The DTC Bill, currently with a Parliament standing committee,
proposes to tax annual income over Rs 2 lakh up to Rs 5 lakh at 10 per cent,
more than Rs 5 lakh up to Rs 10 lakh at 20 per cent and income above Rs 10 lakh
at 30 per cent a year. Currently, income over Rs 1.80 lakh up to Rs 5 lakh
attracts 10 per cent income tax, over Rs 5 lakh up to Rs 8 lakh is taxed at 20
per cent and income above Rs 8 lakh is taxed at 30 per cent.
Finance ministry officials said there was scope for raising the
tax exemption limit, which currently stands at Rs 1.80 lakh for men and Rs 1.90
lakh for women. The DTC Bill seeks to increase this limit to Rs 2 lakh a year
for both the categories. Officials said the corporate tax rate may also be kept
intact at 30 per cent (exclusive of cess and surcharge).
On the indirect tax front, officials said the excise duty and service tax rates
may also be retained at the current level of 10 per cent. The ministry felt any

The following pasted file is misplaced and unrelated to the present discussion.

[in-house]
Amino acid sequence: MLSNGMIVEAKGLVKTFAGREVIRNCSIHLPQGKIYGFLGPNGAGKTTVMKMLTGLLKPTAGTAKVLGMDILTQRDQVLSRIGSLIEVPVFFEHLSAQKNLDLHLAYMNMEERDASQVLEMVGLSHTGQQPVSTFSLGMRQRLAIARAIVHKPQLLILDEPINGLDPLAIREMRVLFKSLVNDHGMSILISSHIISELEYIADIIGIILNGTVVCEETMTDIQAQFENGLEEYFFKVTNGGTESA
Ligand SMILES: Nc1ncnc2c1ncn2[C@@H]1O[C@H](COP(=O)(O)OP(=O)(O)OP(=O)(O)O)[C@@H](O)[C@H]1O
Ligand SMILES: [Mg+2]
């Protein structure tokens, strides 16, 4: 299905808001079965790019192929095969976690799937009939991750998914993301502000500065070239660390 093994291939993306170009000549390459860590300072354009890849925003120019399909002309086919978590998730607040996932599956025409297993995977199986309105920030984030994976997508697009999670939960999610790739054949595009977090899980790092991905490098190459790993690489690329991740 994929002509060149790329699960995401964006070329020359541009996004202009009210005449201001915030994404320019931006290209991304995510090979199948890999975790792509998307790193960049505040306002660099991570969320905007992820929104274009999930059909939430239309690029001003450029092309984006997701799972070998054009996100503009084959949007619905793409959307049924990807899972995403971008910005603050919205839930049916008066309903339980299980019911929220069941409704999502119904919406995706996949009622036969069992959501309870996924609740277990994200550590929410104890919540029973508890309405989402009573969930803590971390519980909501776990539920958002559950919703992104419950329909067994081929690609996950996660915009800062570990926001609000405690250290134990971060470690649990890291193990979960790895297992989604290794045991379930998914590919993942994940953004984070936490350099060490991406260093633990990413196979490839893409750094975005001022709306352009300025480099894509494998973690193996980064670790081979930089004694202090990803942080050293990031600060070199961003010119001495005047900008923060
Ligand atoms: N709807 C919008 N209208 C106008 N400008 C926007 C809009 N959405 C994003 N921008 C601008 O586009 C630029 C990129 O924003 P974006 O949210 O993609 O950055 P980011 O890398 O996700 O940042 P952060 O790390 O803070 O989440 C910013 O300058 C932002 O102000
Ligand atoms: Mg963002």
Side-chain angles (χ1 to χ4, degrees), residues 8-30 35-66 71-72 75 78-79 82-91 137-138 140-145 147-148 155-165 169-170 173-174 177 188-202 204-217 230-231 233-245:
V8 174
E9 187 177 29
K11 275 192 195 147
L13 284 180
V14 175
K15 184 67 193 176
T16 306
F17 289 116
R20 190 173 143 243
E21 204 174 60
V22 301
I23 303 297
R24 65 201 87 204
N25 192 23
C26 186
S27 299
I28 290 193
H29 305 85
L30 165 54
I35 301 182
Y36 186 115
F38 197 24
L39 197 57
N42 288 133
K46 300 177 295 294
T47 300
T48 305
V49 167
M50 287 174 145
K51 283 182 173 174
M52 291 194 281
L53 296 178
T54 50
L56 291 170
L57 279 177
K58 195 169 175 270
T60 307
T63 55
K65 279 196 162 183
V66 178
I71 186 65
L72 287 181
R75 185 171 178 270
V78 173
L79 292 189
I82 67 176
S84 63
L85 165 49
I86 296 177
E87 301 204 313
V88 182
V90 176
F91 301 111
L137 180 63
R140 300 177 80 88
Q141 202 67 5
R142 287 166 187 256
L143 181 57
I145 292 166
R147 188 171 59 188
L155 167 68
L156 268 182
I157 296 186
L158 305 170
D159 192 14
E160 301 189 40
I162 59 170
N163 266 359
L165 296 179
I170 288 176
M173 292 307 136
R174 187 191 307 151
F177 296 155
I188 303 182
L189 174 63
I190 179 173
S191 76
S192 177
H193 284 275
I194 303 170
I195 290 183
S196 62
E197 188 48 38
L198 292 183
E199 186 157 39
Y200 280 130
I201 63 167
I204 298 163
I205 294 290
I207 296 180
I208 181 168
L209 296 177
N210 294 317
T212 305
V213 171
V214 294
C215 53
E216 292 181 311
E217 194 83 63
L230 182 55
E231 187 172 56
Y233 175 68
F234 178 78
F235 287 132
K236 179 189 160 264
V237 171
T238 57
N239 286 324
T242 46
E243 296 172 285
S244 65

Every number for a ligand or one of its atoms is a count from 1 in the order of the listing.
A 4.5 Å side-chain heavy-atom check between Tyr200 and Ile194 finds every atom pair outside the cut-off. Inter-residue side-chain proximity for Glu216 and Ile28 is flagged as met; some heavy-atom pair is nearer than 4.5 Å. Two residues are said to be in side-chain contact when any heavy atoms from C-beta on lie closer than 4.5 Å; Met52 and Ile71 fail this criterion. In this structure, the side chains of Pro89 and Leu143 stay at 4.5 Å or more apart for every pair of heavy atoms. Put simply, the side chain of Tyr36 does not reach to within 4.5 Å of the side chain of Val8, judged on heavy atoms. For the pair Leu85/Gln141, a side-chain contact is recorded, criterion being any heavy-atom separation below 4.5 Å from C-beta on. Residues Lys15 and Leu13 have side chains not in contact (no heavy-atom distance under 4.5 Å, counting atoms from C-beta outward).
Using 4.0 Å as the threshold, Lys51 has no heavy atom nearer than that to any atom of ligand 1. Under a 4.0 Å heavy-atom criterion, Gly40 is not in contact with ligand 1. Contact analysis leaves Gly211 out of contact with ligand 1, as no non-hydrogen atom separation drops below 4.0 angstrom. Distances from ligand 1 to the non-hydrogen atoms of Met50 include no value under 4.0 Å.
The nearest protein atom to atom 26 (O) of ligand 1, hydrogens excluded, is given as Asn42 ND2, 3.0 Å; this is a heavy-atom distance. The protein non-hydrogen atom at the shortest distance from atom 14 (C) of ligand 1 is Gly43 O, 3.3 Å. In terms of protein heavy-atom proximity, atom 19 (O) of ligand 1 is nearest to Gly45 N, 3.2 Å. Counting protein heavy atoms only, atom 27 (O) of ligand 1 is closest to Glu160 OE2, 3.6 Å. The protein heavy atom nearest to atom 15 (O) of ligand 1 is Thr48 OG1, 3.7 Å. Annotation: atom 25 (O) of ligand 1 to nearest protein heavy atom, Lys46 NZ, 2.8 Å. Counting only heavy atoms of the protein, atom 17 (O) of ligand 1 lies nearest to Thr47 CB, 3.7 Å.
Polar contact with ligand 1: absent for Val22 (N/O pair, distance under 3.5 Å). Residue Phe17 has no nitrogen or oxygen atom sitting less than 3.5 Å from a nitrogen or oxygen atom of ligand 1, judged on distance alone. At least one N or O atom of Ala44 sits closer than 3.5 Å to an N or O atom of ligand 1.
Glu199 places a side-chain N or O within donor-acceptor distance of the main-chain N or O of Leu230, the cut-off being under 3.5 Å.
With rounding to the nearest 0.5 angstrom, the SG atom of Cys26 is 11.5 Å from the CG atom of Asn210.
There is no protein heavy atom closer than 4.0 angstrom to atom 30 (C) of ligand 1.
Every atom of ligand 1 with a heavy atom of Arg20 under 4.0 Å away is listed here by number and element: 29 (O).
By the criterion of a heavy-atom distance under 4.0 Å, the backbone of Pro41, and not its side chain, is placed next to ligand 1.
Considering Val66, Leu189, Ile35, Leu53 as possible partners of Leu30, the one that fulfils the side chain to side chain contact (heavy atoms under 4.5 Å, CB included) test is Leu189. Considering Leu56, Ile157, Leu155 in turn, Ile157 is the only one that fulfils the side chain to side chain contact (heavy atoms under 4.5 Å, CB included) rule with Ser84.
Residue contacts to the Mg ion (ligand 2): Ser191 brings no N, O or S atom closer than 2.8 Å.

rise in the rate could hurt the industry and raise inflation. The peak customs
duty rate is also unlikely to be altered from the current 10 per cent, owing to
fears of revenue loss and its impact on the domestic industry. However, specific
proposals on tax rates could be altered. For instance, excise duty on diesel
cars could be raised, the officials said.
Retaining the current tax rates means the government would have to depend on
non-tax revenue and non-debt capital receipts to resume the path of fiscal
consolidation, as suggested by the Reserve Bank of India.
Business Standard, India, dated